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dc.contributor.authorMwangi, Jedidah Wangari
dc.contributor.authorOkoth, Oduor Richard
dc.contributor.authorKariuki, Muchemi Peterson
dc.contributor.authorPiero, Ngugi Mathew
dc.date.accessioned2023-07-07T12:26:35Z
dc.date.available2023-07-07T12:26:35Z
dc.date.issued2021
dc.identifier.citationMwangi, J. W., Okoth, O. R., Kariuki, M. P., & Piero, N. M. (2021). Genetic and phenotypic diversity of selected Kenyan mung bean (Vigna radiata L. Wilckzek) genotypes. Journal of Genetic Engineering and Biotechnology, 19, 1-14.en_US
dc.identifier.otherhttps://doi.org/10.1186/s43141-021-00245-9
dc.identifier.urihttp://ir-library.ku.ac.ke/handle/123456789/26126
dc.descriptionArticleen_US
dc.description.abstractBackground: Mung bean is a pulse crop principally grown in the tropic and subtropic parts of the world for its nutrient-rich seeds. Seven mung beans accessions from Eastern Kenya were evaluated using thirteen phenotypic traits. In addition, 10 SSR markers were used to determine their genetic diversity and population structure. This aimed at enhancing germplasm utilization for subsequent mung bean breeding programs. Results: Analysis of variance for most of the phenology traits showed significant variation, with the yield traits recording the highest. The first three principal components (PC) explained 83.4% of the overall phenotypic variation, with the highest (PC1) being due to variation of majority of the traits studied such as pod length, plant height, and seeds per pod. The dendogram revealed that the improved genotypes had common ancestry with the local landraces. The seven mung beans were also genotyped using 10 microsatellite markers, eight of which showed clear and consistent amplification profiles with scorable polymorphisms in all the studied genotypes. Genetic diversity, allele number, and polymorphic information content (PIC) were determined using powermarker (version 3.25) and phylogenetic tree constructed using DARWIN version 6.0.12. Analysis of molecular variance (AMOVA) was calculated using GenALEx version 6.5. A total of 23 alleles were detected from the seven genotypes on all the chromosomes studied with an average of 2.875 across the loci. The PIC values ranged from 0.1224 (CEDG056) to 0.5918 (CEDG092) with a mean of 0.3724. Among the markers, CEDG092 was highly informative while the rest were reasonably informative except CEDG056, which was less informative. Gene diversity ranged from 0.1836 (CEDG050) to 0.5102 (CDED088) with an average of 0.3534. The Jaccards dissimilarity matrix indicated that genotypes VC614850 and N26 had the highest level of dissimilarity while VC637245 and N26 had lowest dissimilarity index. The phylogenetic tree grouped the genotypes into three clusters as revealed by population structure analysis (K = 3), with cluster III having one unique genotype (VC6137B) only. AMOVA indicated that the highest variation (99%) was between individual genotype. In addition, marker traits association analysis revealed 18 significant associations (P < 0.05). Conclusion: These findings indicate sufficient variation among the studied genotypes that can be considered for germplasm breeding programsen_US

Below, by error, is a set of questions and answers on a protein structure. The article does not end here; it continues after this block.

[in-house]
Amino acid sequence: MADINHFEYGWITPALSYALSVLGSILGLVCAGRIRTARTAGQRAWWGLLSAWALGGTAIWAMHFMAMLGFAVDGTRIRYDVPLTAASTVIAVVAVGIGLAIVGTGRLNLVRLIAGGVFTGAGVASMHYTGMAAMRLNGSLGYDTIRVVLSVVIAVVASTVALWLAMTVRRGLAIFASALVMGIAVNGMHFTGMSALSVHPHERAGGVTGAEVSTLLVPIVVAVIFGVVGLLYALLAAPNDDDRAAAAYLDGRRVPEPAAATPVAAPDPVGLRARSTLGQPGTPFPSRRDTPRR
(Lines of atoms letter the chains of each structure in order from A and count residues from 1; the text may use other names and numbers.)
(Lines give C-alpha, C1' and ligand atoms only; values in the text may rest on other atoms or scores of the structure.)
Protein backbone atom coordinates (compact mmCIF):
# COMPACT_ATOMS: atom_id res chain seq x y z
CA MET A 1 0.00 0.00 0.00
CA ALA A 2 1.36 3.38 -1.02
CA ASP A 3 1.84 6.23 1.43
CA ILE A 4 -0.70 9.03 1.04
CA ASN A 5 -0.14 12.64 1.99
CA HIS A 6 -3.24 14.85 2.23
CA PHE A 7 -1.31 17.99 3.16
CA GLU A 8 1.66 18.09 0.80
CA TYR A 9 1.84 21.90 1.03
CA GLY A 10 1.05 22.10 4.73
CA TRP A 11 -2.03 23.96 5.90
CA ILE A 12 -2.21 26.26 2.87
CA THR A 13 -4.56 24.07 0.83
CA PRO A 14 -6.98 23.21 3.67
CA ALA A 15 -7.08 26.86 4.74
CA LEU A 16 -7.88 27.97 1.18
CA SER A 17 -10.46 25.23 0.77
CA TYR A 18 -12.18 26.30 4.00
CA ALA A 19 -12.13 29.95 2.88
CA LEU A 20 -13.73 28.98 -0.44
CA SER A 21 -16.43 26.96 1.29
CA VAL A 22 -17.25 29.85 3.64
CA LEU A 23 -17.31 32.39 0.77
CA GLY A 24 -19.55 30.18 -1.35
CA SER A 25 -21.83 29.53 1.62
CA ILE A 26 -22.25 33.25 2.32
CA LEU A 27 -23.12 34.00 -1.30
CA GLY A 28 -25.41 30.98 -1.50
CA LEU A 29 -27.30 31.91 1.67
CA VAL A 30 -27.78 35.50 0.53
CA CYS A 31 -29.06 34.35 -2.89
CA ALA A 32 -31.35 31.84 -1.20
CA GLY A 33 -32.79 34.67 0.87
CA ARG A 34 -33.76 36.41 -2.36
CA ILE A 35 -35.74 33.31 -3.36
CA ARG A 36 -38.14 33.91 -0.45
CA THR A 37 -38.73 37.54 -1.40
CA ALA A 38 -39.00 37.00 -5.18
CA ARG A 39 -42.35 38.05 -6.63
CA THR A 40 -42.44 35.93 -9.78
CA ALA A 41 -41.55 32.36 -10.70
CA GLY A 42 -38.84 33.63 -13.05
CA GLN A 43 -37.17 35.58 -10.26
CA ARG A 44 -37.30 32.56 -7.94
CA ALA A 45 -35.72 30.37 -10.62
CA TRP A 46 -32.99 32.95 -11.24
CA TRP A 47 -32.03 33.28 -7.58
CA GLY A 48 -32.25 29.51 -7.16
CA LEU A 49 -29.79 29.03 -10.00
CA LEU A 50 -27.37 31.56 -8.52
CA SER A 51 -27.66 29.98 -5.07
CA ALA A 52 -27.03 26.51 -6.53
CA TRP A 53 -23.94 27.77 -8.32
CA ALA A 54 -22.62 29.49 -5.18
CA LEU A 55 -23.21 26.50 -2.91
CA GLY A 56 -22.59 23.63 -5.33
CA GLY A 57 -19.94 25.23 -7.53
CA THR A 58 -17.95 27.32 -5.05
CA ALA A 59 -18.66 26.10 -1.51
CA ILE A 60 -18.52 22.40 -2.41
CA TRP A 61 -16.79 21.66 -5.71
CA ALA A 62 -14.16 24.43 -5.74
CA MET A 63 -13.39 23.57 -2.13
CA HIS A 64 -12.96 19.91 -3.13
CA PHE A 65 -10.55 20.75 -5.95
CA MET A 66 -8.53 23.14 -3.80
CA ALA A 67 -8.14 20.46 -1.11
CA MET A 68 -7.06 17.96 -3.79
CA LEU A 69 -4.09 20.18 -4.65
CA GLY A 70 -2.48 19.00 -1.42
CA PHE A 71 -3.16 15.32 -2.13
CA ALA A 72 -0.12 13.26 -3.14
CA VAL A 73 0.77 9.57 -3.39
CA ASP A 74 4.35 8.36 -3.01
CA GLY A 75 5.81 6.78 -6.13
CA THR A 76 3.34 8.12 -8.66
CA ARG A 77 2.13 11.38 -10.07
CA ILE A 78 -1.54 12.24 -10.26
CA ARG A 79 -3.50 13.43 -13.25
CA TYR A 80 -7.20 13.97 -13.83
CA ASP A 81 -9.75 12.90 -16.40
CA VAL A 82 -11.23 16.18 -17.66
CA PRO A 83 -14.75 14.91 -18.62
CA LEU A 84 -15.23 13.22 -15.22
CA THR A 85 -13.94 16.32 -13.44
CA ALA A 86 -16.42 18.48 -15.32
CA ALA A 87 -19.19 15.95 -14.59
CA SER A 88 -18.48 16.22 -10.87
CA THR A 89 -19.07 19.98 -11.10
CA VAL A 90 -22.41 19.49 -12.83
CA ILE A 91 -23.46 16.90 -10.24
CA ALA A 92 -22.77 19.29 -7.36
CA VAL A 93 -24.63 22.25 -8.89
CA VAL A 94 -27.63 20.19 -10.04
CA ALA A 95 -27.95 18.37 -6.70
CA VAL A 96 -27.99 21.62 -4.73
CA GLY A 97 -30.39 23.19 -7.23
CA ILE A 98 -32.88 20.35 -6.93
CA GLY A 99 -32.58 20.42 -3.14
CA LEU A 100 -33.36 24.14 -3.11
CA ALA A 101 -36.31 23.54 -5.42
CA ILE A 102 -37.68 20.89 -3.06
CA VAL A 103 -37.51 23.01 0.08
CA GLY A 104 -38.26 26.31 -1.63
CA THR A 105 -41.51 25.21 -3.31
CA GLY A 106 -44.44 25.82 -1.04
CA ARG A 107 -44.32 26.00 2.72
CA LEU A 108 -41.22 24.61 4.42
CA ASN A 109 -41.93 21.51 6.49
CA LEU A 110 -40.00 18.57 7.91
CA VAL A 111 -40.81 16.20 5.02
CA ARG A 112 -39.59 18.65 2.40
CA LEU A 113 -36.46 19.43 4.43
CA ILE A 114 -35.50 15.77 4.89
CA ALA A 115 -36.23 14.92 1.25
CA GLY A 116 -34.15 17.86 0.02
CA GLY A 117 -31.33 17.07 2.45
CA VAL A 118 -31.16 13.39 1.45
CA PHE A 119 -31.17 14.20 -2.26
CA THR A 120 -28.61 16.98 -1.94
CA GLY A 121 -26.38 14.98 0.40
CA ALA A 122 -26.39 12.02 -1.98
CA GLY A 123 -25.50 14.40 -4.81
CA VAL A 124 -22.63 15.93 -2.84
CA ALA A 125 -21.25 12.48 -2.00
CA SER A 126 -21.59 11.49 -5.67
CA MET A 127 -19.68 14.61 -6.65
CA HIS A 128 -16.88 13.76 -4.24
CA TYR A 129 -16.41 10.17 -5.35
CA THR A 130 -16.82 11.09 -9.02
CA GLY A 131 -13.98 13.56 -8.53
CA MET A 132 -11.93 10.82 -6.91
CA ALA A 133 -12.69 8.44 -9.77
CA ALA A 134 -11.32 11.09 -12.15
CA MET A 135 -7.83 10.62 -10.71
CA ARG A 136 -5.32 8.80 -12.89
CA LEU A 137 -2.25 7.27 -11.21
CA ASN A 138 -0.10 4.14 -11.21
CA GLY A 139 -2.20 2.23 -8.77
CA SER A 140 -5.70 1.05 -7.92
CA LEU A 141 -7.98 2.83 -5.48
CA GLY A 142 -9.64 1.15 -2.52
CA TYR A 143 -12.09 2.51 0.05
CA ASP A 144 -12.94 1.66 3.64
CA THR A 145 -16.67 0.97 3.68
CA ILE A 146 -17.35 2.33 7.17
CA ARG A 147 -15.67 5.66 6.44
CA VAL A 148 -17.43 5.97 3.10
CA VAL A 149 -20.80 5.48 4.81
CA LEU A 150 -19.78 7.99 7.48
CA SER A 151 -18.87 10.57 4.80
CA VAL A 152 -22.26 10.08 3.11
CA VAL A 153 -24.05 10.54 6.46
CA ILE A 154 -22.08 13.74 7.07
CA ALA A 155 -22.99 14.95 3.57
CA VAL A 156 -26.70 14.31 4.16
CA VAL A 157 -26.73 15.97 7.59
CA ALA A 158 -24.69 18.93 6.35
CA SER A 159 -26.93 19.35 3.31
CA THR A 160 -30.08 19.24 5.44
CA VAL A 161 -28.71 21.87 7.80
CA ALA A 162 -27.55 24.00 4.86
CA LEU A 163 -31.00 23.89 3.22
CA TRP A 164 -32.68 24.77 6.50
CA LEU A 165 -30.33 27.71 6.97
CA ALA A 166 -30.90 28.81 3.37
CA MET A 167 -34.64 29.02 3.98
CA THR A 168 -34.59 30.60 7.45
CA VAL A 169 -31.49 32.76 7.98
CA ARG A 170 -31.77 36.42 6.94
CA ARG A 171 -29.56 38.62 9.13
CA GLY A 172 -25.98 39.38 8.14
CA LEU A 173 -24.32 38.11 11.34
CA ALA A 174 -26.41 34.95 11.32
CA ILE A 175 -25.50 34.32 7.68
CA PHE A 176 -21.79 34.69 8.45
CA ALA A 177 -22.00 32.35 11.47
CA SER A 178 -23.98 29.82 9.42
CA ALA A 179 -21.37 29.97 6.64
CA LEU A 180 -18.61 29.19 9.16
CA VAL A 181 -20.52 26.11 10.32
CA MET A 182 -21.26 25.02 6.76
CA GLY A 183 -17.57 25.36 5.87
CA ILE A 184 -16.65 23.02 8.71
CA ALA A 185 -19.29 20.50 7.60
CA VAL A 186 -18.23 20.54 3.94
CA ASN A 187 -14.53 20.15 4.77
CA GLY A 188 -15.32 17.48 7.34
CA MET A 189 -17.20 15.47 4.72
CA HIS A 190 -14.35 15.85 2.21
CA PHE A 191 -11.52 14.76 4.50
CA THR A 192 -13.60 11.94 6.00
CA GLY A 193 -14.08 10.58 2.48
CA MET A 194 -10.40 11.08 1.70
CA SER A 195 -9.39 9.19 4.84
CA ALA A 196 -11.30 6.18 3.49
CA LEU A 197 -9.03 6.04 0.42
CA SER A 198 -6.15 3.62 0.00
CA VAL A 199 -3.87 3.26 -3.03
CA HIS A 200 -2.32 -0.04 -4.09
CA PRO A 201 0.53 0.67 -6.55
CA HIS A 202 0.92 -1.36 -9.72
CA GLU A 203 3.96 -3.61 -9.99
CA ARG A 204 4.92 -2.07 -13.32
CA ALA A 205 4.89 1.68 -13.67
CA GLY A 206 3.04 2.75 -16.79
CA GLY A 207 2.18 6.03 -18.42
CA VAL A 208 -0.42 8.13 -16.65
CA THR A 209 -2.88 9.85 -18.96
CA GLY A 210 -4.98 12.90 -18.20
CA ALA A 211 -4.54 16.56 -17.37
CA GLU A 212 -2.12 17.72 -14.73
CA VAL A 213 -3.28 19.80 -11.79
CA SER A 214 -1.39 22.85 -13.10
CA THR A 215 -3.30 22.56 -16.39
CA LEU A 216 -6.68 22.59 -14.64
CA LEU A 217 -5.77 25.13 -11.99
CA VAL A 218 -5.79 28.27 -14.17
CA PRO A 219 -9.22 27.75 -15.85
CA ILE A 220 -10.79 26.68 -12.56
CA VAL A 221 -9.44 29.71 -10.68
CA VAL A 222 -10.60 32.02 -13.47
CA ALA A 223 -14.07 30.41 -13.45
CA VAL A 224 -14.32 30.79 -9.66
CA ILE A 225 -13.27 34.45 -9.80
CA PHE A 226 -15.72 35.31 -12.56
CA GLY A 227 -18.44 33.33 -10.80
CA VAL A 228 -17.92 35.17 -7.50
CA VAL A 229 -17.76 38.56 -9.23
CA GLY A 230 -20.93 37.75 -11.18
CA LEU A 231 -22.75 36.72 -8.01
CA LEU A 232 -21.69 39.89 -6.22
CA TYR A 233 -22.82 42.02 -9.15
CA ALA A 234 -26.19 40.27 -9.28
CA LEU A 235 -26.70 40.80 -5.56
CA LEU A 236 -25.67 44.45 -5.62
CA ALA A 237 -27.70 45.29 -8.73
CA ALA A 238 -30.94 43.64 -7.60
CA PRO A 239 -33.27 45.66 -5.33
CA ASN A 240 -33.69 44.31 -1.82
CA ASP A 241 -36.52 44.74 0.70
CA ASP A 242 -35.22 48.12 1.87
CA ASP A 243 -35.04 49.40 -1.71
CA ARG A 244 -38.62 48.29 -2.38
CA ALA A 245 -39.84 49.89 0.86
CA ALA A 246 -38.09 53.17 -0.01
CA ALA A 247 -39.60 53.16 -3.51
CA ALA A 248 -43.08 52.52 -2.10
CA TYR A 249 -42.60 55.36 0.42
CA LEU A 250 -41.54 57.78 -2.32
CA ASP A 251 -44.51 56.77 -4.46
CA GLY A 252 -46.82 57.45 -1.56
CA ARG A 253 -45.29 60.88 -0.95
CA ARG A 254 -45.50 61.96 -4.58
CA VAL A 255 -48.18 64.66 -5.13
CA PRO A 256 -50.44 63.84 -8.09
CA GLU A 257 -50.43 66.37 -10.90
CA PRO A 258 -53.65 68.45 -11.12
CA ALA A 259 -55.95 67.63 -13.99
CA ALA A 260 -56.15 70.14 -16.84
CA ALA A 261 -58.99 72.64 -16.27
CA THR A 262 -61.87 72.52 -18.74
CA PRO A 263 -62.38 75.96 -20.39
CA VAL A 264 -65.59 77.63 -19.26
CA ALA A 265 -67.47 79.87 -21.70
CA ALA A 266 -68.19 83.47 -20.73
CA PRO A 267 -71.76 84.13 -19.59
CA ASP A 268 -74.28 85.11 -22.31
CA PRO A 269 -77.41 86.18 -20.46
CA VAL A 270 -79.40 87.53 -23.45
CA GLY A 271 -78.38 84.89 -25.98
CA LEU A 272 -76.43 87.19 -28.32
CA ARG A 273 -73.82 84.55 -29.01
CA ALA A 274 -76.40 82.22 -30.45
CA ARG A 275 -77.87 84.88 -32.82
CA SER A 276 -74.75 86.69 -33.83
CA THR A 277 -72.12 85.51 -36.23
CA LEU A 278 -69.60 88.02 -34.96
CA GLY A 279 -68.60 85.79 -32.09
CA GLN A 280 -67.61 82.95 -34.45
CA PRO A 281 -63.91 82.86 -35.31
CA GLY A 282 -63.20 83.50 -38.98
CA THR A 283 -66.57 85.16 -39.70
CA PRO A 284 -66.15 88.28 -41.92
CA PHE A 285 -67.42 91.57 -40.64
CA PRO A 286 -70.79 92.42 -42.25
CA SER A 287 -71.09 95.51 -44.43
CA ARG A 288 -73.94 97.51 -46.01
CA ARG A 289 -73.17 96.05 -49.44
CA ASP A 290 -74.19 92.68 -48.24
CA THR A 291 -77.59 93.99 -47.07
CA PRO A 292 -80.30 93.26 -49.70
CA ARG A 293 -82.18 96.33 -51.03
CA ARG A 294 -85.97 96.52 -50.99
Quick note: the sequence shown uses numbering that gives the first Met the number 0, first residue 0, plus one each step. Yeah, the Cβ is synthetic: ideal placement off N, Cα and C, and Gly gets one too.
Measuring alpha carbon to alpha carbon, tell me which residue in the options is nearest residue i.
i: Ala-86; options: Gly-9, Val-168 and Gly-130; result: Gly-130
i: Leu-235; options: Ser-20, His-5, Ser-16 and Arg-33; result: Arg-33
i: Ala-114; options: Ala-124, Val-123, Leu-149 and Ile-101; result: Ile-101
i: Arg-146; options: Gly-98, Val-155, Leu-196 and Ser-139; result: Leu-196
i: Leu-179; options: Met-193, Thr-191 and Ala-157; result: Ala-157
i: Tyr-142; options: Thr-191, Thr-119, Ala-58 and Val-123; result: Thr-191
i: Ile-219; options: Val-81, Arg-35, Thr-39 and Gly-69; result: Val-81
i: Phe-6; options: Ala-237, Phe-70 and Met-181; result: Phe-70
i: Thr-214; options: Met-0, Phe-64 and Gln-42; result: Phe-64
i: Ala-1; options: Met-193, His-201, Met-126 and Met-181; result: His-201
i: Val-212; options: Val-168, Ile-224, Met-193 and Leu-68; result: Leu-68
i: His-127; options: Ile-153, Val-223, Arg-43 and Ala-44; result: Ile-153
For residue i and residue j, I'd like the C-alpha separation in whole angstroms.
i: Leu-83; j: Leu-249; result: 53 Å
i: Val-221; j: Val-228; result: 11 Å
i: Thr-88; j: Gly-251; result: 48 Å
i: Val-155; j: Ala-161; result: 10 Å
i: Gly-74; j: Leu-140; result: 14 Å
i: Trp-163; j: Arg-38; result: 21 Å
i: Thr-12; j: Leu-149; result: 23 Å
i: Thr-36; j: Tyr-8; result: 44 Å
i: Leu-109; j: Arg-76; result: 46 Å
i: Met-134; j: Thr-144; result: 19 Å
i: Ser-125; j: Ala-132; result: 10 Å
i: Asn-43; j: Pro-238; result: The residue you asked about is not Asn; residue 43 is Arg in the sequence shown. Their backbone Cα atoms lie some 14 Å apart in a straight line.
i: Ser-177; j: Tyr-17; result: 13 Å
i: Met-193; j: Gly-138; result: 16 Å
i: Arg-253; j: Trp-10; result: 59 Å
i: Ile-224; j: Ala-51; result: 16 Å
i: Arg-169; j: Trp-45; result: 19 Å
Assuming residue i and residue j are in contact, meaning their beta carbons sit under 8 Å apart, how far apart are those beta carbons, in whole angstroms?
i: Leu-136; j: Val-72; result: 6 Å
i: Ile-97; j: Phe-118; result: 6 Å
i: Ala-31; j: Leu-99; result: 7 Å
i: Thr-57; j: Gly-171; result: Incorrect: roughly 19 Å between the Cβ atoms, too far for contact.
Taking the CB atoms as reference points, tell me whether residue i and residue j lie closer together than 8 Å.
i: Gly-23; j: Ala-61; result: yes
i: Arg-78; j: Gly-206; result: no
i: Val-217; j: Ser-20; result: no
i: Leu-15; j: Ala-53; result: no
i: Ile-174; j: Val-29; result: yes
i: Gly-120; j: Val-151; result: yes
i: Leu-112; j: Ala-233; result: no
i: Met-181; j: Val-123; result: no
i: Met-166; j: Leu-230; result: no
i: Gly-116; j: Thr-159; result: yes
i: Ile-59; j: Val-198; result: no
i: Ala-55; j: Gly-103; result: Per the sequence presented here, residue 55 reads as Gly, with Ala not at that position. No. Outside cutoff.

dc.description.sponsorshipDAADen_US
dc.language.isoenen_US
dc.publisherSpringeren_US
dc.subjectMung beansen_US
dc.subjectGene diversityen_US
dc.subjectPhenotypic characterizationen_US
dc.subjectSSRen_US
dc.titleGenetic and Phenotypic Diversity of Selected Kenyan Mung Bean (Vigna Radiata L. Wilckzek) Genotypesen_US
dc.typeArticleen_US


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